Volunteer Training

Developing training for volunteers is key to a successful choice pantry. It will help ensure all staff and volunteers have a clear understanding of their role and the pantry flow, which will aid in a smooth transition and create a reliable, welcoming environment.

To build your training, use the volunteer job descriptions you created in step 5 and the procedure you wrote in step 6 to create a training plan for all staff and volunteers.

As you develop your training and associated documents, be patient and ask for help. During this process of transforming, you will learn more about your pantry, volunteers, and guests.

Effective Training Tips

  • Plan your training around “say it, see it, do it.”
  • Start by sharing information. Follow-up by modeling how to do certain tasks. Anchor the information by having the volunteers physically do certain tasks.
  • Engaging volunteers throughout the training will keep it fun but also help them retain the information to put into practice in the pantry.
  • The order of the below outline can be modified to best suit your organization.
    Click each box below to learn more.

Suggested Training Outline

Organization Information

  • Explain who your organization is, mission statement, where the support comes from, code of conduct, rules and regulations, safety, etc.
  • Describe all of the job roles, the responsibilities, and the hours needed for each.
  • Set expectations about how to talk about the pantry environment.
  • Prompt volunteers to practice explaining the organization, guests they serve, & volunteers like they are speaking to potential/current volunteers or donors.
  • If you have enough time, allow them the opportunity to experience potential positions they are interested in or have them come back another time to shadow the position.

Volunteer Paperwork (Things you may need to include)

  • Determine what you need to include:
    • Application to volunteer, civil rights training/signature, confidentiality agreement, sign in/out sheet (to log your volunteer hours for grants and assistance), and other essential documents.
  • Review all paperwork with volunteers.
  • Prompt volunteers to fill out all documents during the training.

Creating a safe and welcoming environment

  • Remember, a safe environment is a judgement-free environment.
  • Share with your volunteers the information from the “Getting Started” section.
    • Teach them to set a calm and friendly tone in your pantry.
    • Challenge them to help you create the welcoming environment.
    • Be the “Judgement Free Environment.”
    • Prompt volunteers to practice using Asset-Based Language with each other. Check out the printable page from Judgement Free Environment or the Appendix for resources if you need assistance.

Recognize, it is not just about the guest selecting their own food, but also creating a space where an attempt has been made to eliminate points of anxiety, stress.


  • It can be a challenge to change your habits. Still, with practice conversations and training, your organization will be well on its way to empowering your neighbors.
  • We have included a scenario document that contains some common challenging conversations with guests to build on communication.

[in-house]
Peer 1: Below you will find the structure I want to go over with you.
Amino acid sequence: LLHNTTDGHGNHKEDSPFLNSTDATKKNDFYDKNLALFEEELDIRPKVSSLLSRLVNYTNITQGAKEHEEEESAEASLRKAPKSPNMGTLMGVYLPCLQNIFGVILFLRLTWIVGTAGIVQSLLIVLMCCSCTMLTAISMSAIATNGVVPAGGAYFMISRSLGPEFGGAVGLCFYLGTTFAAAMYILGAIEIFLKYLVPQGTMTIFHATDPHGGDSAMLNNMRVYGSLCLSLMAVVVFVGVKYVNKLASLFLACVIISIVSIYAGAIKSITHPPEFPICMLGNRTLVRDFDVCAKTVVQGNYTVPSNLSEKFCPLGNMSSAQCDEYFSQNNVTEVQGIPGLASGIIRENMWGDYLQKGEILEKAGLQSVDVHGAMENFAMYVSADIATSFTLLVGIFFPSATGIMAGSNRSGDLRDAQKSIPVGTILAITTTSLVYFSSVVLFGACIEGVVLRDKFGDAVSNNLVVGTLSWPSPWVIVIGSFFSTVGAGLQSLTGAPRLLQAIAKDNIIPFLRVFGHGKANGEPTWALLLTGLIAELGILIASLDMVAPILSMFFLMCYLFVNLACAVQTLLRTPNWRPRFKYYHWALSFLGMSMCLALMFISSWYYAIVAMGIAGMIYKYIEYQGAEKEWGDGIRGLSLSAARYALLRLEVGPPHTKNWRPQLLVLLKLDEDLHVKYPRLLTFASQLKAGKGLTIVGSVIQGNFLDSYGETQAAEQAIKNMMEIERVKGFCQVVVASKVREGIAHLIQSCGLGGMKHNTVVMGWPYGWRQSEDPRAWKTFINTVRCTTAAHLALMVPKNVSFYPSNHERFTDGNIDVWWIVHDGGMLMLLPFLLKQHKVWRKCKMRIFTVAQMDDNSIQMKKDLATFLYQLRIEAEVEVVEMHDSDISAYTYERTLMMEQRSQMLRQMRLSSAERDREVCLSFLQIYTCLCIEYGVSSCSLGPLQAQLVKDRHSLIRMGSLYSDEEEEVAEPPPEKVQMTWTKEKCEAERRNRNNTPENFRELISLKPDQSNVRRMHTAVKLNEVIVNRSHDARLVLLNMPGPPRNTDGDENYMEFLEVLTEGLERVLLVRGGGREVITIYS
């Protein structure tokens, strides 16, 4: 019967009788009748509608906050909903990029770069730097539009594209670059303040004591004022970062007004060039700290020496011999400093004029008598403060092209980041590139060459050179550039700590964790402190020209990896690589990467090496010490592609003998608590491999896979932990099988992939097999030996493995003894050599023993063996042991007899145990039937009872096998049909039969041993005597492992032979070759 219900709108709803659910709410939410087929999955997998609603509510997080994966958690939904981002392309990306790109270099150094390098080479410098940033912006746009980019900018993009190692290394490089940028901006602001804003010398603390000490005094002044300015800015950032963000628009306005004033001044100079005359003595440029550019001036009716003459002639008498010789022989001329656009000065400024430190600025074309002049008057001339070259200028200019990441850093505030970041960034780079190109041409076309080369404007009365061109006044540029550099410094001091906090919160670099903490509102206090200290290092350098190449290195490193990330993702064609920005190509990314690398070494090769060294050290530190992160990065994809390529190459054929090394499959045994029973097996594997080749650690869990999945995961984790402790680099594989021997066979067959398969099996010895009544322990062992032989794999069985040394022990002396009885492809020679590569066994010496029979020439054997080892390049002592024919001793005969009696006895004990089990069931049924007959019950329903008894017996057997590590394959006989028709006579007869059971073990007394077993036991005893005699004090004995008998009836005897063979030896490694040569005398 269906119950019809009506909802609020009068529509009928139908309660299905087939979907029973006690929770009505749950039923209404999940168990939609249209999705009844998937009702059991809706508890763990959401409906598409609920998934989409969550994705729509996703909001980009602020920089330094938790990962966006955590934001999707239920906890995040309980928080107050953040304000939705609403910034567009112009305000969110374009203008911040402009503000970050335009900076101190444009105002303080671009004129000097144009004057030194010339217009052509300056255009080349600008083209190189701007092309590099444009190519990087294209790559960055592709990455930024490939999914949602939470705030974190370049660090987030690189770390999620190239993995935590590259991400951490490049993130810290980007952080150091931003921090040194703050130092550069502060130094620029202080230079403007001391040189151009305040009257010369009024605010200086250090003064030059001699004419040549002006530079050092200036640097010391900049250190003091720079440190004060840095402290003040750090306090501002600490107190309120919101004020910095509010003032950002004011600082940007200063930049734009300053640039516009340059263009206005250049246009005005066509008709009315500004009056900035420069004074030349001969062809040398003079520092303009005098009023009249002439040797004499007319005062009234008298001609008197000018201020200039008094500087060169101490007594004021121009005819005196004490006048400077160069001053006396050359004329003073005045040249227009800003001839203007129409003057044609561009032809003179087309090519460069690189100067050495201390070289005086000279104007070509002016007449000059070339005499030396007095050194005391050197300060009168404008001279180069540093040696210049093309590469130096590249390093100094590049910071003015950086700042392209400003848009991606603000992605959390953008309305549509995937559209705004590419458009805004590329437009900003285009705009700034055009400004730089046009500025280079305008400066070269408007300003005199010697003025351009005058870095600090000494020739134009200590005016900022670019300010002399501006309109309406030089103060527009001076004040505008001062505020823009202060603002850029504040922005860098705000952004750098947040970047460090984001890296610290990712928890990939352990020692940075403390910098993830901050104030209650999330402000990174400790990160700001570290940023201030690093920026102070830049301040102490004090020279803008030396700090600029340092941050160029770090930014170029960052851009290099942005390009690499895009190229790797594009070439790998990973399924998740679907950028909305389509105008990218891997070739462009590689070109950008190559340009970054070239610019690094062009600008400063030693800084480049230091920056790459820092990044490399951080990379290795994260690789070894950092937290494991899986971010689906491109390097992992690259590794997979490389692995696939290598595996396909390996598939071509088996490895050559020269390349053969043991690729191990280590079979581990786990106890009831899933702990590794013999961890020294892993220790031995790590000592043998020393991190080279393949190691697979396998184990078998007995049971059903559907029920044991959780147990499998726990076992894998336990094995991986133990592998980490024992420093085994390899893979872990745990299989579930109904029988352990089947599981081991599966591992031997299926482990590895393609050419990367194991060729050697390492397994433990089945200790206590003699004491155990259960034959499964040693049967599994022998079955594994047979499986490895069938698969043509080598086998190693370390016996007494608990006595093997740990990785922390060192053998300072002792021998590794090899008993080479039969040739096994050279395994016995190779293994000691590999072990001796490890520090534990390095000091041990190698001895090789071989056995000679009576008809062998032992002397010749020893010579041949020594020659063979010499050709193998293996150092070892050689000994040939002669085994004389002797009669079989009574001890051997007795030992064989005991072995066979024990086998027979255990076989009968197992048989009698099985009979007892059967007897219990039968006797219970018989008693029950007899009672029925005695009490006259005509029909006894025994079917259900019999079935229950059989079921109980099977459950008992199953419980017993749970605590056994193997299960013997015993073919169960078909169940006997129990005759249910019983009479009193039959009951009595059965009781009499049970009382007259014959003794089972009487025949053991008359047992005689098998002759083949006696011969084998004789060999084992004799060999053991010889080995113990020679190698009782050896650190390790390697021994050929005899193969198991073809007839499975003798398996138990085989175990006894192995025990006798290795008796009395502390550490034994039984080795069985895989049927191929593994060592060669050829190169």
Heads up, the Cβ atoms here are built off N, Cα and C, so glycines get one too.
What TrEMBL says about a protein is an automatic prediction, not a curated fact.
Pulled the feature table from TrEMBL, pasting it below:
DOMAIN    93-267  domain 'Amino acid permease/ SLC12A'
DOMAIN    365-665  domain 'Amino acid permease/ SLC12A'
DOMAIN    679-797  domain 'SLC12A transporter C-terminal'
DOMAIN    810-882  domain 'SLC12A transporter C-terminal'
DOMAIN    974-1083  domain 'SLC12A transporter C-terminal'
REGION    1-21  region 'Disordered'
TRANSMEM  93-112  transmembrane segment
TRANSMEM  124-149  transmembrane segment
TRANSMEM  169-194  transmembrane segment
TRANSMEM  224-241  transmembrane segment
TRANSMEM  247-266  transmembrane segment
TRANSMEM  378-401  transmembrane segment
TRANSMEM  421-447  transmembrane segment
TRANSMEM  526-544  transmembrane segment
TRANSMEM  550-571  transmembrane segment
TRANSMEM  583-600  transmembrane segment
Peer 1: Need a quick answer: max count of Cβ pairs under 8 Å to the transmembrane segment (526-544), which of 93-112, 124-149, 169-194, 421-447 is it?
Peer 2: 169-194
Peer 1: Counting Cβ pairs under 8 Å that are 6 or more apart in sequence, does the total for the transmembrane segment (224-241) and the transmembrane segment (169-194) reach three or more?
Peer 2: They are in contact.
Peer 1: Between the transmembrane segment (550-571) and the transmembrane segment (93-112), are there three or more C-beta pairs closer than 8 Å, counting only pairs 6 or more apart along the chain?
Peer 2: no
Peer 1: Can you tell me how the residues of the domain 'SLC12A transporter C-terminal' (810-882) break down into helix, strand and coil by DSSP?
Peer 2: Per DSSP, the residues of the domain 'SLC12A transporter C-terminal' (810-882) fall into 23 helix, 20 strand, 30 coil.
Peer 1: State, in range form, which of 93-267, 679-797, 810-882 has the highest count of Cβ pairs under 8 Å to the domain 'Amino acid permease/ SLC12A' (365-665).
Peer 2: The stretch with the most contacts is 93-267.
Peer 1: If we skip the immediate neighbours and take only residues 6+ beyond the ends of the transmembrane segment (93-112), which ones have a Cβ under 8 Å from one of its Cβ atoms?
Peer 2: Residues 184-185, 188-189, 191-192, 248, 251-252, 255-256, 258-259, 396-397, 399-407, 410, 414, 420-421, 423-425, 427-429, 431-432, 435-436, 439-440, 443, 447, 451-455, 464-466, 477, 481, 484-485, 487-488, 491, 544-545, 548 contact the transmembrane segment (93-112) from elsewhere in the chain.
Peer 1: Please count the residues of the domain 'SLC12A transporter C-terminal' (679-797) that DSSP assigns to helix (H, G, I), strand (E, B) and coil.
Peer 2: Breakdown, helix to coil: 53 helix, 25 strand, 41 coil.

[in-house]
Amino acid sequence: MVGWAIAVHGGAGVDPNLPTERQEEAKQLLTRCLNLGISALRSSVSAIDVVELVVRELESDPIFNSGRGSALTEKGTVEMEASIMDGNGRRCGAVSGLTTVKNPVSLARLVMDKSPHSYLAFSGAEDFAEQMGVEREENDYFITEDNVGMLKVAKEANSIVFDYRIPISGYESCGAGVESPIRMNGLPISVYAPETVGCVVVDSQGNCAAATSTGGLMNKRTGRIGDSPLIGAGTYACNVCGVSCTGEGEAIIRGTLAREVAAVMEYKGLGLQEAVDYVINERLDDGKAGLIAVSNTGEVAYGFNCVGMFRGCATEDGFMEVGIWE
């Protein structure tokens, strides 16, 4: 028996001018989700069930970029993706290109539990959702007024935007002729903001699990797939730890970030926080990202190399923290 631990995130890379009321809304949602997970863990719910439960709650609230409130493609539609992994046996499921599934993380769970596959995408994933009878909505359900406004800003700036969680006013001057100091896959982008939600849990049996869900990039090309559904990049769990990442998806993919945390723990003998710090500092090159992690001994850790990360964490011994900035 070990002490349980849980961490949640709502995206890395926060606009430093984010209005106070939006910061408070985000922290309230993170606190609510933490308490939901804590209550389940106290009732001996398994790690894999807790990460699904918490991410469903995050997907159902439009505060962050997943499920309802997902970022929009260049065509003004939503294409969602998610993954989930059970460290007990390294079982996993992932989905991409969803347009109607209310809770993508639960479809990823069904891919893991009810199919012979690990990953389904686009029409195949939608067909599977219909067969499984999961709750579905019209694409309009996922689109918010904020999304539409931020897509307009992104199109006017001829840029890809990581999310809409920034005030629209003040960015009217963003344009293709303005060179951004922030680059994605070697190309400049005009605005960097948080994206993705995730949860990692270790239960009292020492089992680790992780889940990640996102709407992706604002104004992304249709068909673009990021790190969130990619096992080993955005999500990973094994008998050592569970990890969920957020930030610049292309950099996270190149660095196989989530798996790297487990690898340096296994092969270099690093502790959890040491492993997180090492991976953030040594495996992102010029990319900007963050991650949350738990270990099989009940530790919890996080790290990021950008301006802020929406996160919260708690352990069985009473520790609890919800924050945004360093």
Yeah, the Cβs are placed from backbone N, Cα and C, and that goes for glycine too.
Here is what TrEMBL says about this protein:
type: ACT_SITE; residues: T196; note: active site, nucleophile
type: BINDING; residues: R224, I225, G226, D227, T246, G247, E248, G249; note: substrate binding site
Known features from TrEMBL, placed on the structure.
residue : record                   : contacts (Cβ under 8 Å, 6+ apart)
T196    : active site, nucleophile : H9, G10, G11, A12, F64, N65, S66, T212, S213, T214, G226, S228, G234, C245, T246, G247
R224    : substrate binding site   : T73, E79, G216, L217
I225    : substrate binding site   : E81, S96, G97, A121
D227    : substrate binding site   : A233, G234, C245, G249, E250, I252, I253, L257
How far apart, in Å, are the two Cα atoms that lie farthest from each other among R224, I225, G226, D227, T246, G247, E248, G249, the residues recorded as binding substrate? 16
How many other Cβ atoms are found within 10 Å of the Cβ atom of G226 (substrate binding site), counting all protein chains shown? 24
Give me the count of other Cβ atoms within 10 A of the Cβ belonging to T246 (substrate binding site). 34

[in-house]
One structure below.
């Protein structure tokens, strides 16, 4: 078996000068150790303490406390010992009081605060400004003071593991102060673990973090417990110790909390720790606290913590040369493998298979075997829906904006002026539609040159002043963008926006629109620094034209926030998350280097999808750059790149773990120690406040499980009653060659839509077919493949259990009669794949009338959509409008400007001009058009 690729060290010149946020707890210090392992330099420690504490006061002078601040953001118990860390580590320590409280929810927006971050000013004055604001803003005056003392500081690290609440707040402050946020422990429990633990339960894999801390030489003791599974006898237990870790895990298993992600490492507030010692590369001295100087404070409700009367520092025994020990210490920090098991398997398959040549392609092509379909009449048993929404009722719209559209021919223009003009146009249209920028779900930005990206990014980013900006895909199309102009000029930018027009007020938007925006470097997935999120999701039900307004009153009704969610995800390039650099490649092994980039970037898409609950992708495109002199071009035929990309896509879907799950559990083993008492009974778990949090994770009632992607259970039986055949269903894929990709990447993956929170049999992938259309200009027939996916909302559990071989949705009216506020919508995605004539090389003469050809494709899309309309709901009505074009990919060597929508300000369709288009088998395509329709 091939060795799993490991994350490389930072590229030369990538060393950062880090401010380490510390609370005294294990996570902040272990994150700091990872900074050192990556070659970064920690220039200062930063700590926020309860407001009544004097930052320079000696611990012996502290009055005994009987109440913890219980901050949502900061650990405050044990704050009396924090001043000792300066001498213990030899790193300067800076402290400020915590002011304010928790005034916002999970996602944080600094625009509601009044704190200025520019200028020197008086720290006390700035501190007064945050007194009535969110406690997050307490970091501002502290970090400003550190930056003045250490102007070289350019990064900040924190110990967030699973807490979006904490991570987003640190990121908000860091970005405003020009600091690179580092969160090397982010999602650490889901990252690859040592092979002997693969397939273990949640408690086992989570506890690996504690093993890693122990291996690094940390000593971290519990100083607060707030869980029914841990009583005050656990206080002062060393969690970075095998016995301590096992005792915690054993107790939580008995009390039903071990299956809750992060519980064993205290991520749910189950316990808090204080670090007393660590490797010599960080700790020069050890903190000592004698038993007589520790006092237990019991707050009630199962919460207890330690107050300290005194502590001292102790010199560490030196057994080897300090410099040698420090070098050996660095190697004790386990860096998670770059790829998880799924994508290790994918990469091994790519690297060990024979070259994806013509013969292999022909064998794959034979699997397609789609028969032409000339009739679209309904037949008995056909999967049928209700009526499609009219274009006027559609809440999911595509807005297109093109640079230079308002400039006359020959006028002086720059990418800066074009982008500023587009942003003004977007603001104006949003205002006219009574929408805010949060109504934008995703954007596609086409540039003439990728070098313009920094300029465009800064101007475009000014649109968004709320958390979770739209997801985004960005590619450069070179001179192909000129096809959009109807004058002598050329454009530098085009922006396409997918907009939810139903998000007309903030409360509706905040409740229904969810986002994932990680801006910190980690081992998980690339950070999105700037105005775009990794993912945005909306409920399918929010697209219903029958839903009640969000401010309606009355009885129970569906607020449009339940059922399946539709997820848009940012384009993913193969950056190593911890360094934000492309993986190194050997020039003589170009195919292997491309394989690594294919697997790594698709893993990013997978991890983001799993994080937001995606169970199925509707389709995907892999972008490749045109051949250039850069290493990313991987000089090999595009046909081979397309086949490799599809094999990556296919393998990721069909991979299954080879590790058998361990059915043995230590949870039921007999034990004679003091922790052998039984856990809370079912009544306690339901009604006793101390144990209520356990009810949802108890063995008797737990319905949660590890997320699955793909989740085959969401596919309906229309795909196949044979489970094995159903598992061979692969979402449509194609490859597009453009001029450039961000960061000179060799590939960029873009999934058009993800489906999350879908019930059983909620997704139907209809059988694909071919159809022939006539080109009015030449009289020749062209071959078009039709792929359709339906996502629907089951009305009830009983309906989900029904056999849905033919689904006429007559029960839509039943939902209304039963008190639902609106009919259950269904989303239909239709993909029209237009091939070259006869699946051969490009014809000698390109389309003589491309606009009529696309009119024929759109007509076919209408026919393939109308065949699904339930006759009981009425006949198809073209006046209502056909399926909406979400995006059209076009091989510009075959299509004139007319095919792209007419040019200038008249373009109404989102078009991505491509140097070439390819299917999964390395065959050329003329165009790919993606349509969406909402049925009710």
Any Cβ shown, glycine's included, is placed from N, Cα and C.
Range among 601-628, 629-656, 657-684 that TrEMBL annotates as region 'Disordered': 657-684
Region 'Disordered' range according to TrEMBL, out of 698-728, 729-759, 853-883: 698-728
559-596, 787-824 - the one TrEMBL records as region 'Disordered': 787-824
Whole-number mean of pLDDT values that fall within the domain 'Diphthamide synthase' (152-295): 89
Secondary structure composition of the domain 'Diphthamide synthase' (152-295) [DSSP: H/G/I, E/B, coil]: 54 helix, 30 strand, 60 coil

• Download and review this document.
    • Consider your pantry’s prior experiences and add your own scenarios to the list.
  • Prompt volunteers to take turns practicing as the guest and the volunteer

Volunteer Training Scenarios

Engagement Tips To Review With Volunteers


  • Do attempt to remember the guest’s name!
  • Avoid gendered language and do not assume a person’s pronoun based on their appearance. Do not attempt to relate to experiences or identities that you do not personally hold. Do not give your opinions about communities or groups you are not a part of.


  • Practice active listening strategies, giving undivided attention to the guest during interactions.
  • Give your full attention to guests, avoid taking notes, and using cellphones while interacting with neighbors.
  • Repeat, question, and paraphrase key points back to the neighbor to ensure they were adequately understood.
  • Ask Offer Ask
    • Ask what they already know.
    • Ask if you can provide additional information.
    • Offer the information.
    • Ask what they think.
    • Ambivalence, or holding two conflicting opinions about the same issue, is normal.

The guest is the expert

  • Avoid telling guests what they need; instead, ask open-ended questions.
  • Recognize neighbors as both agents and experts of their own lives.
  • Focus on relationship building and explicitly recognize guests strengths.
  • Reiterate to the neighbor that they are the person who is best suited to make their food choices.
  • All change is self-change. Staff can change their approach to their work, but only guests can change their own lives.
  • Reluctance to change is not resistance.

You may also create a volunteer handbook to give your organization consistency about all of the critical information you would like to share with new volunteers. Below is an example of a Volunteer Handbook. Review and see if creating one for your organization would be helpful. 

Volunteer Handbook Example

Appendix and Additional Resources

You made it! 

Below is the link to the final exam. The next lesson button on the bottom takes you to the Appendix, listing all of the resources from the course. 

Once you pass the exam with at least an 80%, you will get an option to download a certificate showcasing your hard work. 


Proceed to Final Exam

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